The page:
#3. Employers are Not Required to Offer Flexible Work Options.
A rigid work schedule makes sense only for a small number of industries. For the remainder of employees, a flexible work schedule may be an invaluable tool for increasing productivity, health outcomes, and job satisfaction. Similar effects can also result from offering employees opportunities to work remotely. On the other hand, unreasonable rigidity can interfere with an employee’s ability to balance work and non-work responsibilities.
Amidst the novel coronavirus outbreak, many employees report not being able to seek timely health care services due to work scheduling conflicts. And those who can reasonably conduct their work remotely, but are not given the option to do so by employers, are facing unnecessary exposure during their commutes and interactions with others in the workplace.
#4. Unemployment Insurance Does Not Cover Basic Living Expenses.
Employees that have been laid off, due to the coronavirus or otherwise, can collect unemployment insurance through their state’s labor department. However, the maximum that is awarded is several hundred dollars per week, with the exact amount depending on the state in which it is issued. Currently, the state of Hawaii offers $648 per week, which is the maximum amount awarded in the nation. Major cities with high costs of living offer less, with New York paying $504 and California paying $450 per week. For many employees affected by layoffs, especially those with families to take care of, this is not a realistic option.
Has the government made any changes to the law in light of the novel coronavirus outbreak?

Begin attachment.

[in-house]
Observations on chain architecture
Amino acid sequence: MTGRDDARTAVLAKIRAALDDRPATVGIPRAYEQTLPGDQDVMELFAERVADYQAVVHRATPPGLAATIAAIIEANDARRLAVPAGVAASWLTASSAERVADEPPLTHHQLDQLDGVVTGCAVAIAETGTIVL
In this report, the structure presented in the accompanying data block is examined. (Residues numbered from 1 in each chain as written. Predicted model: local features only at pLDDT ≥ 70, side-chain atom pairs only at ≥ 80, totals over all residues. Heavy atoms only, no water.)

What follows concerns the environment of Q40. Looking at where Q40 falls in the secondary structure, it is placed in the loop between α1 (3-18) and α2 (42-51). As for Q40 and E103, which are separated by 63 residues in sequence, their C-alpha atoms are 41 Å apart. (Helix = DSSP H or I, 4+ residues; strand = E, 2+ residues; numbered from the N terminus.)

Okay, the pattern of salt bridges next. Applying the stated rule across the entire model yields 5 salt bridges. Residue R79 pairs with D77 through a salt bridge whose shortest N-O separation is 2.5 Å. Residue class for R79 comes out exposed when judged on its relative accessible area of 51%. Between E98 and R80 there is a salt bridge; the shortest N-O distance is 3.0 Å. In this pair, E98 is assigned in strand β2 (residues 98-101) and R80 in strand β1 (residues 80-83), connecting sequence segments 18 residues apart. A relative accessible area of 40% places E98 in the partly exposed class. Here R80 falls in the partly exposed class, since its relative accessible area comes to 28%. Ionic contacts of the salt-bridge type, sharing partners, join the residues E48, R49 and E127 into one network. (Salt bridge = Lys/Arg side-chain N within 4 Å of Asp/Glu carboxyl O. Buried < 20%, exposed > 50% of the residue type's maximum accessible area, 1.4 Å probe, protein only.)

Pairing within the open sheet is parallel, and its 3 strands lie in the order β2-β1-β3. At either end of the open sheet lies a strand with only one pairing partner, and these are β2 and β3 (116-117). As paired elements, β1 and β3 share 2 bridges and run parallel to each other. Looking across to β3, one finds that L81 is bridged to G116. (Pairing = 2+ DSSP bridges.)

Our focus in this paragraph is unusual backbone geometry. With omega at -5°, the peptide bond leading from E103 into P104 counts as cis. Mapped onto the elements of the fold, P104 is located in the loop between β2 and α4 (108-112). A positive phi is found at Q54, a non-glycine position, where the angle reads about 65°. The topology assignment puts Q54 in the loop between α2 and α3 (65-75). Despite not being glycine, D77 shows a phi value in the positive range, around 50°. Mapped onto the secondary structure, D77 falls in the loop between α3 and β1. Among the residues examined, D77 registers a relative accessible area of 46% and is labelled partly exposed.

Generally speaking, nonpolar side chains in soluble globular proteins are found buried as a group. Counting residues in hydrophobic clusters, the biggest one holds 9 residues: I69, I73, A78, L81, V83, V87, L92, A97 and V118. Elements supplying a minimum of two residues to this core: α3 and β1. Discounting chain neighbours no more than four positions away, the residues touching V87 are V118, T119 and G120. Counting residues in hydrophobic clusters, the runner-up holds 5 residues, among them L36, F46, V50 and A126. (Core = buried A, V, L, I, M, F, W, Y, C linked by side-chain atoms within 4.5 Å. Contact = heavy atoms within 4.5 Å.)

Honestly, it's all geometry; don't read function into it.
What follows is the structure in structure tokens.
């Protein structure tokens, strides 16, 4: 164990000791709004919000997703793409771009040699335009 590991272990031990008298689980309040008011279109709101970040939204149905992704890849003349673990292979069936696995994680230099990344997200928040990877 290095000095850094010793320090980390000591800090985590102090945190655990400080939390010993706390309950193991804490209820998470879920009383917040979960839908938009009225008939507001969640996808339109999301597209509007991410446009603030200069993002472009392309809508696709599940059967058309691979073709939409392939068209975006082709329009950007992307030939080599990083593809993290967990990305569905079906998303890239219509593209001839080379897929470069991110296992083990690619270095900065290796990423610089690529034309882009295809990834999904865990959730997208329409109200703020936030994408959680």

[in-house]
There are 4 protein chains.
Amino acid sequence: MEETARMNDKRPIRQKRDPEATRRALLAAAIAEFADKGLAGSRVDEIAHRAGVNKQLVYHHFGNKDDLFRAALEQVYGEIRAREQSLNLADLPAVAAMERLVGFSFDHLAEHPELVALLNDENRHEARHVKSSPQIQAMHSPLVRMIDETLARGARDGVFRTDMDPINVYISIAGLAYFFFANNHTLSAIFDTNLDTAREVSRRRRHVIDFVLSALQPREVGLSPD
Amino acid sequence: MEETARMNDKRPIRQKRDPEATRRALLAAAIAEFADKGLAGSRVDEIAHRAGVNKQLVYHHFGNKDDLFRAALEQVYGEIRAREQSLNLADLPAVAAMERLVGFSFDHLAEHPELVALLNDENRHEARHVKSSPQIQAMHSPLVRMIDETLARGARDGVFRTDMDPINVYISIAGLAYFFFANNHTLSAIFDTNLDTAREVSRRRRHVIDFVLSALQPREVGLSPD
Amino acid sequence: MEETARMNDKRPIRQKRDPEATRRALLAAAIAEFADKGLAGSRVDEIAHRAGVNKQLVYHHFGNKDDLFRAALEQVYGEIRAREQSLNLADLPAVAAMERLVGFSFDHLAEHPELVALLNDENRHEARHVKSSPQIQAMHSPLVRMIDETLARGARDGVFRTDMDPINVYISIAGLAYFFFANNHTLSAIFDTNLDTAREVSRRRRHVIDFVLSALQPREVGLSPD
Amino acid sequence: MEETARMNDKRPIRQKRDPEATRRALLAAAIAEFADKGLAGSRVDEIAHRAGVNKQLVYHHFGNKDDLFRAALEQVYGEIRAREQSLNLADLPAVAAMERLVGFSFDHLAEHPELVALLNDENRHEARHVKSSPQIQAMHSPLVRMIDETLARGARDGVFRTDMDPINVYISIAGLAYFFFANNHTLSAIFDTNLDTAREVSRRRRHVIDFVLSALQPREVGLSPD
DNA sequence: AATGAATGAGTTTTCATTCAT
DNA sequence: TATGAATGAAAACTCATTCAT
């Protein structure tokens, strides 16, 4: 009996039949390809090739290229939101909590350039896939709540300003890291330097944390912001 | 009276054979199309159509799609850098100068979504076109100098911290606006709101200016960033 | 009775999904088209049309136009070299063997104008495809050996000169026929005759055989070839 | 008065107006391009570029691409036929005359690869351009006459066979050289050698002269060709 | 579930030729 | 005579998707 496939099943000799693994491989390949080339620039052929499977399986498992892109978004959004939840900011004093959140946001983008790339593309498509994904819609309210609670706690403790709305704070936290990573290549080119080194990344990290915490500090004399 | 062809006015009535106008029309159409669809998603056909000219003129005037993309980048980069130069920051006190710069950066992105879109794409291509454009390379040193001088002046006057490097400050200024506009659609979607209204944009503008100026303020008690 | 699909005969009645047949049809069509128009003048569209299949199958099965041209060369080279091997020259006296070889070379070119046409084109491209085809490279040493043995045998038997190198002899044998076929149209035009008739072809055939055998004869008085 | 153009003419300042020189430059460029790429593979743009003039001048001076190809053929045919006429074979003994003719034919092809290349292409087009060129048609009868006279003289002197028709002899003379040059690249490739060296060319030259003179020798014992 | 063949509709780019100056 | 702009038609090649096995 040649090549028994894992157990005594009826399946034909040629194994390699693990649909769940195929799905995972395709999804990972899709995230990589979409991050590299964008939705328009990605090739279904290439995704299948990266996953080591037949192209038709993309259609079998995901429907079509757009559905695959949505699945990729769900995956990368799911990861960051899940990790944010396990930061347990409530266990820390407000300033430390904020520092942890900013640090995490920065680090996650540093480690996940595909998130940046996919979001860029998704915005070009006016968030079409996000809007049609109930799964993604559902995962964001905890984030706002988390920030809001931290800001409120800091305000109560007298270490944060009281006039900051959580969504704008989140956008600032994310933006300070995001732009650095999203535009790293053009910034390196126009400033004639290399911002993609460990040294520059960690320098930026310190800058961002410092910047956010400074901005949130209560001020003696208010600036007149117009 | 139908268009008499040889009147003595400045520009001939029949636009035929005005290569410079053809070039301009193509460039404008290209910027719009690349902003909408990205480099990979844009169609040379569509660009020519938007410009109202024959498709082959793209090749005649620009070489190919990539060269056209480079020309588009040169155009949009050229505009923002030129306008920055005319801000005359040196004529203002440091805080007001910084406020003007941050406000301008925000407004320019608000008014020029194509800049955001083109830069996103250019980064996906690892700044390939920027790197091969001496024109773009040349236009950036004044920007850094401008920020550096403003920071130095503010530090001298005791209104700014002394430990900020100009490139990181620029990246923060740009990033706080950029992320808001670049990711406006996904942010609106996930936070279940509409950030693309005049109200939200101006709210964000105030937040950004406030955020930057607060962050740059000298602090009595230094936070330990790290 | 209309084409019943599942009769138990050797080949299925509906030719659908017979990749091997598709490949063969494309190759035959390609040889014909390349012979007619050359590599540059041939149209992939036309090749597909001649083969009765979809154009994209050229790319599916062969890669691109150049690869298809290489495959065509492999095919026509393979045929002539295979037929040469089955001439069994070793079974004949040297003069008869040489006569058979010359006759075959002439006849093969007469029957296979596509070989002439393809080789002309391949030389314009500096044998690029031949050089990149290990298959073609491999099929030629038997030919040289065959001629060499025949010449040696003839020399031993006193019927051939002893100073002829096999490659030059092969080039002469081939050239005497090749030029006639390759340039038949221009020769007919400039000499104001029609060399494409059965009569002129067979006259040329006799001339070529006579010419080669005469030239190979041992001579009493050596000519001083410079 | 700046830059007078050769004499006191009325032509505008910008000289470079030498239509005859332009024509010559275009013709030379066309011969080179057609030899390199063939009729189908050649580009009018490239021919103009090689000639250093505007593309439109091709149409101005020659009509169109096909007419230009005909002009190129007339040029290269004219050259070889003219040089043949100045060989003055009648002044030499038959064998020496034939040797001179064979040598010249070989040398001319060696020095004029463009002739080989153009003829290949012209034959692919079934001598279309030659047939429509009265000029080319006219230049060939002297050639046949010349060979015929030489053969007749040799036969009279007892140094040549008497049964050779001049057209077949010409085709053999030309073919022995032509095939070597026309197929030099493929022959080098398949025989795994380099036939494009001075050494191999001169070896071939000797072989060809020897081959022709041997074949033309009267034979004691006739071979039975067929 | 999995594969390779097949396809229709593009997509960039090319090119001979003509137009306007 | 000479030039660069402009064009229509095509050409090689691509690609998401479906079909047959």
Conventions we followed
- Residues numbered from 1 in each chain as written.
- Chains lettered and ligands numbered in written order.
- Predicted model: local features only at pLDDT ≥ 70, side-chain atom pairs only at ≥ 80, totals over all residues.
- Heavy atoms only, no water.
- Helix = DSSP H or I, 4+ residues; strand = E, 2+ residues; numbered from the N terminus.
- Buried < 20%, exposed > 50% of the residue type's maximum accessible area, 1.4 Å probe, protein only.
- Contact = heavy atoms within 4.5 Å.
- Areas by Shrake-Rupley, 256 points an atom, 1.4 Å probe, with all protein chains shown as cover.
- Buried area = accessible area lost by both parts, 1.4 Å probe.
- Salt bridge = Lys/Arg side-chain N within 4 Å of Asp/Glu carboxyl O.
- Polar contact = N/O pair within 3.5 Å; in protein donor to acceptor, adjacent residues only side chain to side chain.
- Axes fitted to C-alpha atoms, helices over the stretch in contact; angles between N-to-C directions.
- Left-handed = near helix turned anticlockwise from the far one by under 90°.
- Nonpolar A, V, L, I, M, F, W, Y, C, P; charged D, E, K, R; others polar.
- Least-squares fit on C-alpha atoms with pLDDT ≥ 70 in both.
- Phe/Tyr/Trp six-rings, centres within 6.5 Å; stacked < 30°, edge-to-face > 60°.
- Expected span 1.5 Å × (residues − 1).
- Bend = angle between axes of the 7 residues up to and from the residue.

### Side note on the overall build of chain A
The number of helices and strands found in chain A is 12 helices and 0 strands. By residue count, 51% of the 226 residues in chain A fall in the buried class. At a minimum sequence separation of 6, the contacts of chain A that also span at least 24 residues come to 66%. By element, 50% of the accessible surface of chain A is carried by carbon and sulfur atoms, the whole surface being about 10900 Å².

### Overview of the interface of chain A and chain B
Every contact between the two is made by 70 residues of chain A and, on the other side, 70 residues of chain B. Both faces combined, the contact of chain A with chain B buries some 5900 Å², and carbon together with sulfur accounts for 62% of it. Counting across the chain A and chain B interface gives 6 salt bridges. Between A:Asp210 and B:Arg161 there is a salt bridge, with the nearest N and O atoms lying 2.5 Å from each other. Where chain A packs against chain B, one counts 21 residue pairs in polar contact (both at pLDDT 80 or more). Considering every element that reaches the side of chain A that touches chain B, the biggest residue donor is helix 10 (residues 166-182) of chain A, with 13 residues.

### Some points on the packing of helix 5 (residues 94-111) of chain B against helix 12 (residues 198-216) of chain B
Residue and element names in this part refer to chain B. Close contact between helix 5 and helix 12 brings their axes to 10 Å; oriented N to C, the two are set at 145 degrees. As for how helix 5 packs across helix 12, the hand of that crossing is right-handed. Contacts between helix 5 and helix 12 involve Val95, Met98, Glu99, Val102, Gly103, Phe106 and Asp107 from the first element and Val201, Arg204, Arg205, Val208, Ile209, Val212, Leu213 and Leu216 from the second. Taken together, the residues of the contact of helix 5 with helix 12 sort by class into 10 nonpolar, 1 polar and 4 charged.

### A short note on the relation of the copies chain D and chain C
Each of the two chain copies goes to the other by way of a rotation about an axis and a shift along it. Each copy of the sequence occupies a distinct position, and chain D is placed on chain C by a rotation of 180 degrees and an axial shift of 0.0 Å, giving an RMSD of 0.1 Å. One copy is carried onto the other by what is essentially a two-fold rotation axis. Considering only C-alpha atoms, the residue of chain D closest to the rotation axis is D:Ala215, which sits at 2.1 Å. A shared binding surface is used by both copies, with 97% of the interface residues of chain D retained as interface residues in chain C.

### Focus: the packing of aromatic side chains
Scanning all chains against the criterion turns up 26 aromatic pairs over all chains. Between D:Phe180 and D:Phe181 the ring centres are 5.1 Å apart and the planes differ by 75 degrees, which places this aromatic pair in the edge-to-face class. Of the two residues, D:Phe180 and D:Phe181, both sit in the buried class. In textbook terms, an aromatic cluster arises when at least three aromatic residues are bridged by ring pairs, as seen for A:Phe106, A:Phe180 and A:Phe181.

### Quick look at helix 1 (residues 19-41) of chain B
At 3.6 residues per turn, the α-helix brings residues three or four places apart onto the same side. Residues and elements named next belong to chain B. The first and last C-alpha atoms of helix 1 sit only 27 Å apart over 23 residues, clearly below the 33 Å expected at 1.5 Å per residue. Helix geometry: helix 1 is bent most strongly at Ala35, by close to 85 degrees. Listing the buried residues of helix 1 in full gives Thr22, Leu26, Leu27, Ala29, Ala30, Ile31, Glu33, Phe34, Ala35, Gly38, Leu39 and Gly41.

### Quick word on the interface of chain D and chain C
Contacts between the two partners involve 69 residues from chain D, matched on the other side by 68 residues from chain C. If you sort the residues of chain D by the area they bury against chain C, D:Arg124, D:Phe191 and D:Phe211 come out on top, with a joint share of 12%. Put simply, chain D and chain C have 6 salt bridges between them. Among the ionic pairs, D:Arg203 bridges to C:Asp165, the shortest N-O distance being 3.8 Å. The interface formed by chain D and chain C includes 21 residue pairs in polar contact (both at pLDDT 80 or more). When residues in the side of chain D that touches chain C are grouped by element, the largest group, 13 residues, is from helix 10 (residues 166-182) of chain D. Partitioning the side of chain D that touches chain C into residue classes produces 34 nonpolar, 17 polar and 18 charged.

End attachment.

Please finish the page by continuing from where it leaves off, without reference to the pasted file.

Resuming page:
As per the recently-introduced coronavirus relief bill, certain protections will be offered to workers affected by the outbreak. While the bill is comprehensive, the provisions most relevant to workers are as follows:
- Free testing for the novel coronavirus will be offered to everyone believed to be infected.
- Workers believed to be infected with the novel coronavirus will be offered two weeks of paid sick leave.
- The one-week waiting period for unemployment insurance benefits will be waived for those laid off due to the novel coronavirus outbreak.
It took the U.S. government something as grave as a viral pandemic and national economic crash to implement these basic protections for employees. However, even they are grossly insufficient for addressing the situations of thousands of workers in the tourism, hospitality, and service industries. Furthermore, despite their accomplishments, these temporary laws are simply a suspension of the reality that the aforementioned workers live on a daily basis. What will happen when the next outbreak occurs? What happens when illness occurs on an individual level?
The only adequate solution is to permanently require paid sick leave, health insurance, and sensible work options to all employees.
Can employees get fired due to the novel coronavirus outbreak?
Since most employees in the U.S. are employees-at-will, they can be legally fired for any reason. As such, under the federal law, it is permissible for your employer to fire you due to the outbreak of the novel coronavirus. However, some employers may provide their employees with a contract, which is often presented in the form of an employee handbook. If the contract addresses topics related to contagious illness, they may serve as rules which the employer cannot violate. For example, if the contract states that the employee is entitled to a certain number of absences due to a contagious illness, then the employer may not be legally permitted to fire an employee due to absences caused by such an illness.
If your employment has been terminated because you missed work due to a contagious illness, you may have a legal claim against your employer. Likewise, if you are an employer, you may find yourself facing legal action on behalf of a terminated employee.
The offices of Jason Flores-Williams can help you to address issues related to termination due to the novel coronavirus outbreak. We can answer your questions and act as your legal representation in a case based on termination due to the novel coronavirus outbreak.